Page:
The last appropriate opportunity I had to run in the 2XU Hyoptik before my deadline for this post was for the Inaugural Sin City Run. It didn't seem cold at the hotel or standing waiting for my cab, but I was fooled: Las Vegas is a desert climate, and it gets COLD when the sun isn't out! When I stepped out at the park in my Hyoptik tights and short-sleeved t-shirt, I thought I was going to freeze. I wondered if I had made a serious error in failing to pack a long sleeved shirt for running. I pulled my Buff up over my head to cover my ears and line my hat. BibRave Pro Laurel ran these races too, and she had also worn her 2XU Hyoptik tights, so we were twinsies! When the 5k started, my legs were chilled. After a few intervals–Laurel and I ran 2/1–my legs were warm and toasty but my upper body was still quite cold. (Hm. Hyoptik top layer for cold days? I'm going to go check out the 2XU website.) My legs felt good and stayed warm through the end of the 5k, and through the pause between the 5k and 10k. While it wasn't a super-long break, it was sufficiently long enough that my arms were cold and I was a little chilly from the sweat on my head. Then the 10k kicked off, and my still-warm-and-happy legs took off and banged out a 10k. During the course of the 10k, the sun came out and the day warmed up substantially. The volunteers who had been wearing warm coats, hats, and mittens started to take off layers. I took the Buff off my head. By the time I finished, my upper body was also warm, and the sun felt really good. I spent the rest of the day in jeans and a long-sleeved shirt, but I could have gotten away with short sleeves. (I was afraid I'd be cold inside the hotels and casinos.)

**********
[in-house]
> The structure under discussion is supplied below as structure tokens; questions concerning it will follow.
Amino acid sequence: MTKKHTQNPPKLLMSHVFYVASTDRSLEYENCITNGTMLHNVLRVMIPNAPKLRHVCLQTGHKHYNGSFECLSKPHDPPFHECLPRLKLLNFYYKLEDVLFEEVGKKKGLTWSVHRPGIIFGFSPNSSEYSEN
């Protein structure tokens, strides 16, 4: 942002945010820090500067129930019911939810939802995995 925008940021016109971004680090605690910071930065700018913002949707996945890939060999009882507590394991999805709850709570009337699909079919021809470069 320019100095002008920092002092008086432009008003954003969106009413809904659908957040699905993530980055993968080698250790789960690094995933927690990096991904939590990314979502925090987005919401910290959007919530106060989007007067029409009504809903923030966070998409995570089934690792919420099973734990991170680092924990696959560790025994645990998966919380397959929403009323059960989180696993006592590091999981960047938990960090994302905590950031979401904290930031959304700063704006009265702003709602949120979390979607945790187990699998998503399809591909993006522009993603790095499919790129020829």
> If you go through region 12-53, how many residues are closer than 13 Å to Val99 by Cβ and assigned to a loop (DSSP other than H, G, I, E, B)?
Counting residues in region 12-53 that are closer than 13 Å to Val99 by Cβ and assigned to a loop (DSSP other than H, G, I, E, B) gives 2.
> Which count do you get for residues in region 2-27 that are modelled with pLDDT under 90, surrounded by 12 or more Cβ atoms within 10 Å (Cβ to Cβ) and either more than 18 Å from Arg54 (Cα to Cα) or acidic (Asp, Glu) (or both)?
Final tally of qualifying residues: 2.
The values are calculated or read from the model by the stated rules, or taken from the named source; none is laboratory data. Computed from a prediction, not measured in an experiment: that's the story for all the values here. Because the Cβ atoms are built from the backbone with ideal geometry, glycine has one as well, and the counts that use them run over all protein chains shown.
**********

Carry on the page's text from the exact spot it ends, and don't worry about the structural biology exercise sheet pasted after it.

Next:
After multiple washes, they still look brand new (only slightly less tiny). I didn't even read the care directions (oops) but have been washing them in cold water, mild detergent, no fabric softener, hang to dry (except that one time I wanted to pack them in a suitcase and they were still damp). The only aspect of the 2XU Hyoptik that I didn't really field test is the reflection factor on the print. (Okay so technically I didn't have a good way to test the SPF or the antibacterial properties either…but I'm not sunburned or itchy, and they don't stink, so there you go.) Fortunately, Run Gina Run has some great pictures showing off the reflective qualities of the logo on the Hyoptik tights. During this time of year the days are still pretty short, and even where I live a lot of running takes place in the dark before work or the dark after work. I'm a big fan of taking safety precautions when running in the dark. Here are just a few:
- Run in well-lit areas whenever possible.
- Avoid running on the road if you can, especially if it is icy. If you must run on the road, dress as visibly as possible.
- To increase visibility, at a minimum wear a reflective vest, jacket, and other clothing, like the 2xu Hyoptik tights.
- Other ideas to increase visibility: wear light colors on top, add reflective tape (it's temporary, you can remove it), use/wear lights or gear that lights up
- Stick to headphones that are NOT noise-cancelling, and leave the volume low enough that you can clearly hear what is going on around you.
- Carry your phone (the iPhone has a flashlight mode, in case you get somewhere crazy dark).
- Wear or carry ID
Of course, you don't have to wear them only for running. Run Jen Run sported hers for runs, housework, expo attendance, and the flight home!
Have you tried anything from 2XU? Have you worn the Hyoptik compression gear?
Either way, here's your chance to score a discount! Code RUN20 will save you 20% off gear from 2XU, but only until February 29th. Run right over to the website and pick your new compression gear.